In the town of Breidholt, on the outskirts of Reykjavik, a supermarket offers Polish specialties. Piotr, the owner, a former bricklayer from Kashubia, came to Iceland 10 years ago at the age of 20 to work in construction. For the past six years, he has been providing the Polish community in and around Reykjavik with food "Made in Poland." He also hosts an annual "Polish Day" and organizes a Polish "Saturday School," attended by 220 children aged six to 16.

Read the original article in German.

Photo - Atli Haroarson

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Geopolitics

How Thailand's Lèse-Majesté Law Is Used To Stifle All Protest

Once meant to protect the royal family, the century-old law has become a tool for the military-led government in Bangkok to stamp out all dissent. A new report outlines the abuses.

Pro-Democracy protest at The Criminal Court in Bangkok, Thailand

Laura Valentina Cortés Sierra

"We need to reform the institution of the monarchy in Thailand. It is the root of the problem." Those words, from Thai student activist Juthatip Sirikan, are a clear expression of the growing youth-led movement that is challenging the legitimacy of the government and demanding deep political changes in the Southeast Asian nation. Yet those very same words could also send Sirikan to jail.

Thailand's Criminal Code 'Lèse-Majesté' Article 112 imposes jail terms for defaming, insulting, or threatening the monarchy, with sentences of three to 15 years. This law has been present in Thai politics since 1908, though applied sparingly, only when direct verbal or written attacks against members of the royal family.


But after the May 2014 military coup d'état, Thailand experienced the first wave of lèse-majesté arrests, prosecutions, and detentions of at least 127 individuals arrested in a much wider interpretation of the law.

The recent report 'Second Wave: The Return of Lèse-Majesté in Thailand', documents how the Thai government has "used and abused Article 112 of the Criminal Code to target pro-democracy activists and protesters in relation to their online political expression and participation in peaceful pro-democracy demonstrations."

Criticism of any 'royal project'

The investigation shows 124 individuals, including at least eight minors, have been charged with lèse-majesté between November 2020 and August 2021. Nineteen of them served jail time. The new wave of charges is cited as a response to the rising pro-democracy protests across Thailand over the past year.

Juthatip Sirikan explains that the law is now being applied in such a broad way that people are not allowed to question government budgets and expenditure if they have any relationship with the royal family, which stifles criticism of the most basic government decision-making since there are an estimated 5,000 ongoing "royal" projects. "Article 112 of lèse-majesté could be the key (factor) in Thailand's political problems" the young activist argues.

In 2020 the Move Forward opposition party questioned royal spending paid by government departments, including nearly 3 billion baht (89,874,174 USD) from the Defense Ministry and Thai police for royal security, and 7 billion baht budgeted for royal development projects, as well as 38 planes and helicopters for the monarchy. Previously, on June 16, 2018, it was revealed that Thailand's Crown Property Bureau transferred its entire portfolio to the new King Maha Vajiralongkorn.

photo of graffiti of 112 crossed out on sidewalk

Protestors In Bangkok Call For Political Prisoner Release

Peerapon Boonyakiat/SOPA Images via ZUMA Wire

Freedom of speech at stake

"Article 112 shuts down all freedom of speech in this country", says Sirikan. "Even the political parties fear to touch the subject, so it blocks most things. This country cannot move anywhere if we still have this law."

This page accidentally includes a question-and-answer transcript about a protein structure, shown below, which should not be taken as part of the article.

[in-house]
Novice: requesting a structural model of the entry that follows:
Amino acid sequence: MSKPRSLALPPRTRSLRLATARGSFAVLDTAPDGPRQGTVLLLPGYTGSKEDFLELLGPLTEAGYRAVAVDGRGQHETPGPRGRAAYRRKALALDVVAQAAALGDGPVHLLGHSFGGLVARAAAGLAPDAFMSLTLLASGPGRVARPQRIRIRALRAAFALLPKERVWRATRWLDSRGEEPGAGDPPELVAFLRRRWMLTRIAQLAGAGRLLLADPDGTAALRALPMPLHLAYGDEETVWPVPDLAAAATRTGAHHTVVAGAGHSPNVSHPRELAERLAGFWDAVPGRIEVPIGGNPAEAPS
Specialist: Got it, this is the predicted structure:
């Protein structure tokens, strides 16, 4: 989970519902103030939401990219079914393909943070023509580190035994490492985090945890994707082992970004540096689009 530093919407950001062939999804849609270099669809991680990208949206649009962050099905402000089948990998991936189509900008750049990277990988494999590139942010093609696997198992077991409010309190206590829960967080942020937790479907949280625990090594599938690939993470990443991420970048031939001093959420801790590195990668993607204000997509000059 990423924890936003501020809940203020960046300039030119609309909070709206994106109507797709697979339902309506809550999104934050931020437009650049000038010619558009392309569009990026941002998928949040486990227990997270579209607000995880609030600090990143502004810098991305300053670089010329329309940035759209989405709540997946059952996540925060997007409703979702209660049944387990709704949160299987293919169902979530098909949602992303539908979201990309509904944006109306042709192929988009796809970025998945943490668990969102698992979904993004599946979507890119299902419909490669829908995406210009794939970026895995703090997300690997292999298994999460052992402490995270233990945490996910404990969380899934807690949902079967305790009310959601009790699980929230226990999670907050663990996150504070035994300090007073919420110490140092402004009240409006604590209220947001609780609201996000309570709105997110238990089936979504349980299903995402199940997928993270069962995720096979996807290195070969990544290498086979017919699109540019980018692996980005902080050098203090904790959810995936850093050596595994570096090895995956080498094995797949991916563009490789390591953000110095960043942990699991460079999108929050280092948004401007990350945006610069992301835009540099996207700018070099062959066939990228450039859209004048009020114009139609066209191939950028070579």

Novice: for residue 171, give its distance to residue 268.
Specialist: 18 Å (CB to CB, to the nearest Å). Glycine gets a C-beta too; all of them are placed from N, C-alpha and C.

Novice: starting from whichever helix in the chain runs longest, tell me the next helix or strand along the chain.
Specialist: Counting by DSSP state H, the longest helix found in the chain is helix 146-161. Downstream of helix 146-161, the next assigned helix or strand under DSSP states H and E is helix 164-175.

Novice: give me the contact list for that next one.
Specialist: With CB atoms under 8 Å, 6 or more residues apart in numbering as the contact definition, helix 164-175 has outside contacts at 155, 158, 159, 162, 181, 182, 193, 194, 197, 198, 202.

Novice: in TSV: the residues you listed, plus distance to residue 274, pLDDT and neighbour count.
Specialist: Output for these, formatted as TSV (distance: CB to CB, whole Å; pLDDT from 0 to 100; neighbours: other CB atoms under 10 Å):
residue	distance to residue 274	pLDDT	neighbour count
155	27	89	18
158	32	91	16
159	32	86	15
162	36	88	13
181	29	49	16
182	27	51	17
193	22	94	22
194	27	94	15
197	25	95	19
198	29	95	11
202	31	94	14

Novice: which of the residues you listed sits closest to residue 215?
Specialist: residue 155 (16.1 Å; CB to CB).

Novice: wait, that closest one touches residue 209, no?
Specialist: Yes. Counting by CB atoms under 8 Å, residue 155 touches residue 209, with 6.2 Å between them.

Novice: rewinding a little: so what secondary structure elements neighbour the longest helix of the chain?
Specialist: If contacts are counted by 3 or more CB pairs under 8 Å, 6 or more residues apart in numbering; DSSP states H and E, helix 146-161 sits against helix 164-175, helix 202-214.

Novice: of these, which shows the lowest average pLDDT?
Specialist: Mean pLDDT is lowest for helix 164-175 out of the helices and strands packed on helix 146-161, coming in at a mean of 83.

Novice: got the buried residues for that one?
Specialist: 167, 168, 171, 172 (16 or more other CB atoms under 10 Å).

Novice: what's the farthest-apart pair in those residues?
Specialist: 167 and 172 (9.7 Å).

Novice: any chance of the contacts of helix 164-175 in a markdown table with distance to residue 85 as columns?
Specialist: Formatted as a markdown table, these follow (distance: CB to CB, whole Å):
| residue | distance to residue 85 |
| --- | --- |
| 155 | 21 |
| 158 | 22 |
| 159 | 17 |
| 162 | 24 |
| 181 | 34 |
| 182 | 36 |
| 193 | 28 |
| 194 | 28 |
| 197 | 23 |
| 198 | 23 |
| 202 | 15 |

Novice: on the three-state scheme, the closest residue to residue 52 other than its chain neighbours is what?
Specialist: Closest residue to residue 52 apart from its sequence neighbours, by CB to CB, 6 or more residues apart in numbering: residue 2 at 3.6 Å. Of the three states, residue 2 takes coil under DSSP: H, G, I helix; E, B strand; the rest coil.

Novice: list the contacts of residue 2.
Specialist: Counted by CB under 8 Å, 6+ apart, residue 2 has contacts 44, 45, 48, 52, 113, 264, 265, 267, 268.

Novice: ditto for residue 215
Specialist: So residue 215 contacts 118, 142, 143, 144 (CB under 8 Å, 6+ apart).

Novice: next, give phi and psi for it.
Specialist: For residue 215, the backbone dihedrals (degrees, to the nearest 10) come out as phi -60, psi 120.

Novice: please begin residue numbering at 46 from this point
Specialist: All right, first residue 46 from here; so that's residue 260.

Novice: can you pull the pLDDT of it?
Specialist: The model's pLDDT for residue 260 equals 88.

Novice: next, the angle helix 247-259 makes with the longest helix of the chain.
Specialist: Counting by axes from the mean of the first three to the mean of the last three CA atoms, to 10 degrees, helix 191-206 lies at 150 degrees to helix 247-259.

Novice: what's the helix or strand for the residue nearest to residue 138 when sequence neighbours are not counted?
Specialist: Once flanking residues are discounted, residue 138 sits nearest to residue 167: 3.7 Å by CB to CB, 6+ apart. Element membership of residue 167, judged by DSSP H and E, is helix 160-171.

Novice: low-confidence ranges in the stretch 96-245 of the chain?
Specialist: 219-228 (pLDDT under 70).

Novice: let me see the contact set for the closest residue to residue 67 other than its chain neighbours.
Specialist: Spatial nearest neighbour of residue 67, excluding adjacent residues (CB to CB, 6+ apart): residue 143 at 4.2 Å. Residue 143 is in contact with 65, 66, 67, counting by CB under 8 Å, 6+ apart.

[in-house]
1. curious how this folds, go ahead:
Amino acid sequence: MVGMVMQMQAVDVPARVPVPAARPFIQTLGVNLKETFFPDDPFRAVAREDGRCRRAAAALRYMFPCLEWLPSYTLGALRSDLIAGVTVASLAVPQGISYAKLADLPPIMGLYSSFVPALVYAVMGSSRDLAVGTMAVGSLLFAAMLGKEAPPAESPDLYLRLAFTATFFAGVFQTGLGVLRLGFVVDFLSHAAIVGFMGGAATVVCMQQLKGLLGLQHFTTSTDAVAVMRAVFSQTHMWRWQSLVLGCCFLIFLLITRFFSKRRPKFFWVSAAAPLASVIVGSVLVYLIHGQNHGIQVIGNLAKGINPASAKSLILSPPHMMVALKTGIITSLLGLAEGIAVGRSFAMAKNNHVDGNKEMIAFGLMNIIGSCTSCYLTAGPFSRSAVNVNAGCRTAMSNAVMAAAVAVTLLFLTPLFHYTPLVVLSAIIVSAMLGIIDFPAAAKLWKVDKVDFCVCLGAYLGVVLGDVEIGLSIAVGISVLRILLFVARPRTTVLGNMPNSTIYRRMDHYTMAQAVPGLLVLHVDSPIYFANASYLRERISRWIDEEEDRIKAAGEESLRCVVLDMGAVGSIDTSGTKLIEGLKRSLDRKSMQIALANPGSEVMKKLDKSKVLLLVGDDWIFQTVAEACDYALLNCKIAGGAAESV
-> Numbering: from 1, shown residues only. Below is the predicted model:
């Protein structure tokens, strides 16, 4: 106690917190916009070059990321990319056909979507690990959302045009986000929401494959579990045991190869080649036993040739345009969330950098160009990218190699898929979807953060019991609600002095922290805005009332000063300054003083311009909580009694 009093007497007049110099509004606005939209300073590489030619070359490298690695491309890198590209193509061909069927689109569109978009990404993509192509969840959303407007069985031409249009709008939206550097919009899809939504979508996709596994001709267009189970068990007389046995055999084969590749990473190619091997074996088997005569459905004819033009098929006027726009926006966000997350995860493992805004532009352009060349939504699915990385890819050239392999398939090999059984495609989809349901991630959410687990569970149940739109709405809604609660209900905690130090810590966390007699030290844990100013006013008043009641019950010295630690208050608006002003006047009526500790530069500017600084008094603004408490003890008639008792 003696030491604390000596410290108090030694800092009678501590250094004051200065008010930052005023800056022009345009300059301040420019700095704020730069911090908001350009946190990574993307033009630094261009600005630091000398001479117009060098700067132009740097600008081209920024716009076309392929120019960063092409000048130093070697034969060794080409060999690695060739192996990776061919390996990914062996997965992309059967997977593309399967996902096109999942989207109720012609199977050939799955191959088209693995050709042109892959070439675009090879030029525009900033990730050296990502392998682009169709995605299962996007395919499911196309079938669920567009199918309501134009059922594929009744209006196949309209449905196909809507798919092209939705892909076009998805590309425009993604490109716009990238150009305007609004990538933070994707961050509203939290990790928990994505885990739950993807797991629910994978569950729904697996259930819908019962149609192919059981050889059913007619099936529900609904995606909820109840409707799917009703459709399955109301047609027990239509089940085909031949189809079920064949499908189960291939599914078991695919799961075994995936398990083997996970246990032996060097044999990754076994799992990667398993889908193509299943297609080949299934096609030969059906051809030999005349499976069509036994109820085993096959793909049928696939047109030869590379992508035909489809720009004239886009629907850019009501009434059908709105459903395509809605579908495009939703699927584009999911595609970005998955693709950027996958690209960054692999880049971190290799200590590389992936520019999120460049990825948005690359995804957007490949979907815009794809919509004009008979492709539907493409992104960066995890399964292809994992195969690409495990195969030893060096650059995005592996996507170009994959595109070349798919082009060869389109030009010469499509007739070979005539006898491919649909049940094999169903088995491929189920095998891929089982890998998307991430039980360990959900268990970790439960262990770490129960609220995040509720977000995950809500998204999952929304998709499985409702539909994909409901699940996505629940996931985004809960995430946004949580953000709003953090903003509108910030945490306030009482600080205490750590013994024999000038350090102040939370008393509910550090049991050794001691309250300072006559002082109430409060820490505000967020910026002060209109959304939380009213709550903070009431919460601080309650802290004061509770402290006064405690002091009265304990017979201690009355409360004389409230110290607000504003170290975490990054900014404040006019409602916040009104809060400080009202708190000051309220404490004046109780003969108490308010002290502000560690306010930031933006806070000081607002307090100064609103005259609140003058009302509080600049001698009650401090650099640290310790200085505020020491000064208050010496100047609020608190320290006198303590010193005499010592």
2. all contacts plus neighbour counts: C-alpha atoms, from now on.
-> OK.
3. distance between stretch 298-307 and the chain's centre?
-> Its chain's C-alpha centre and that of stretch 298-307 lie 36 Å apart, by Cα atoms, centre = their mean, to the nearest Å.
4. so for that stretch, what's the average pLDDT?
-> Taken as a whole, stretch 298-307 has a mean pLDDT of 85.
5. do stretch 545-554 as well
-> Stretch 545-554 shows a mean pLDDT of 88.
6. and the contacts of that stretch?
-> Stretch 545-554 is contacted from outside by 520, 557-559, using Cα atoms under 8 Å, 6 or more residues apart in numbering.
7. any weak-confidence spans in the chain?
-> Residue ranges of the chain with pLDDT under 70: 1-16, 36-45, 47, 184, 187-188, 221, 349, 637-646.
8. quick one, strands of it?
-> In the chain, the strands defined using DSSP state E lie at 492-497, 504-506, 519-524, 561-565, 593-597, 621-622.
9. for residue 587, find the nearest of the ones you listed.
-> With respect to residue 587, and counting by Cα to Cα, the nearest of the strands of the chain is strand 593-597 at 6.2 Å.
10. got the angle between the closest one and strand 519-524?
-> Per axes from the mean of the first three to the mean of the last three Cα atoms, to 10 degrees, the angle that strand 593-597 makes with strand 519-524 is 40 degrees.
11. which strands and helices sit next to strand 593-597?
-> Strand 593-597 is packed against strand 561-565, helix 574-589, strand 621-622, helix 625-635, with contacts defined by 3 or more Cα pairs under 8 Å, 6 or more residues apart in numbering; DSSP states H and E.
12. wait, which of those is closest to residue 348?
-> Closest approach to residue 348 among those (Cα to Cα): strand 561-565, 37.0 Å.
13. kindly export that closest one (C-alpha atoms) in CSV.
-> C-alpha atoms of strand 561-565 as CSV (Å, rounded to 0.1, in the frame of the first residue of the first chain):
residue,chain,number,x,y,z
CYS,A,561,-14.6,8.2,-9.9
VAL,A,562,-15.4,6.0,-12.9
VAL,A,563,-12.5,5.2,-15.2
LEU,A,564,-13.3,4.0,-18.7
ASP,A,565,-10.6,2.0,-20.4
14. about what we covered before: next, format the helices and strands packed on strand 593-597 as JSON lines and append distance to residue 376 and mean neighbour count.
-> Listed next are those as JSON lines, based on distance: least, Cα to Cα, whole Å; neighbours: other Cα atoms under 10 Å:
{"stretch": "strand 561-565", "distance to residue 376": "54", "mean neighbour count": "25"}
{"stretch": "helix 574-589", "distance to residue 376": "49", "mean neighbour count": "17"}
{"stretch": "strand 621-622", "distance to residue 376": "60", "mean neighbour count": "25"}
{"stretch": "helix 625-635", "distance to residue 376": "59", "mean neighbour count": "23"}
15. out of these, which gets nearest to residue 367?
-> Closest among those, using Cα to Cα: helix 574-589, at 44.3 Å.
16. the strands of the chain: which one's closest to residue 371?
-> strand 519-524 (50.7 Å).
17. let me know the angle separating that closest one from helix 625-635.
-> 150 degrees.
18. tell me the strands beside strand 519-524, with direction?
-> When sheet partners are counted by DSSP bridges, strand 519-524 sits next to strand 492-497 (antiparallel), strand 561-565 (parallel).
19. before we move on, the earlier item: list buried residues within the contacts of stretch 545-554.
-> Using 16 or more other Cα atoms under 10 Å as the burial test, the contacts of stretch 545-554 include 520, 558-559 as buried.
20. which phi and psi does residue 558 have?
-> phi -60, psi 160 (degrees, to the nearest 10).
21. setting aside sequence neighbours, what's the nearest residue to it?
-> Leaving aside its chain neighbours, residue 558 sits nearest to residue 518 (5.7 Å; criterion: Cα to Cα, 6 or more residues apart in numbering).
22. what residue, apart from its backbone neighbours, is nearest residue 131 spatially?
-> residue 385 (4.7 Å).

The student activist herself was charged with lèse-majesté in September 2020, after simply citing a list of public documents that refer to royal family expenditure. Sirikan comes from a family that has faced the consequences of decades of political repression. Her grandfather, Tiang Sirikhan was a journalist and politician who openly protested against Thailand's involvement in World War II. He was accused of being a Communist and abducted in 1952. According to Sirikhan's family, he was killed by the state.

The new report was conducted by The International Federation for Human Rights (FIDH), Thai Lawyer for Human Rights (TLHR), and Internet Law Reform Dialogue (iLaw). It accuses Thai authorities of an increasingly broad interpretation of Article 112, to the point of "absurdity," including charges against people for criticizing the government's COVID-19 vaccine management, wearing crop tops, insulting the previous monarch, or quoting a United Nations statement about Article 112.

Juthatip Sirikan speaks in front of democracy monument.

Shift to social media

While in the past the Article was only used against people who spoke about the royals, it's now being used as an alibi for more general political repression — which has also spurred more open campaigning to abolish it. Sirikan recounts recent cases of police charging people for spreading paint near the picture of the king during a protest, or even just for having a picture of the king as phone wallpaper.

The more than a century-old law is now largely playing out online, where much of today's protest takes place in Thailand. Sirikan says people are willing to go further on social media to expose information such as how the king intervenes in politics and the monarchy's accumulation of wealth, information the mainstream media rarely reports on them.

Not surprisingly, however, social media is heavily monitored and the military is involved in Intelligence operations and cyber attacks against human rights defenders and critics of any kind. In October 2020, Twitter took down 926 accounts, linked to the army and the government, which promoted themselves and attacked political opposition, and this June, Google removed two Maps with pictures, names, and addresses, of more than 400 people who were accused of insulting the Thai monarchy. "They are trying to control the internet as well," Sirikan says. "They are trying to censor every content that they find a threat".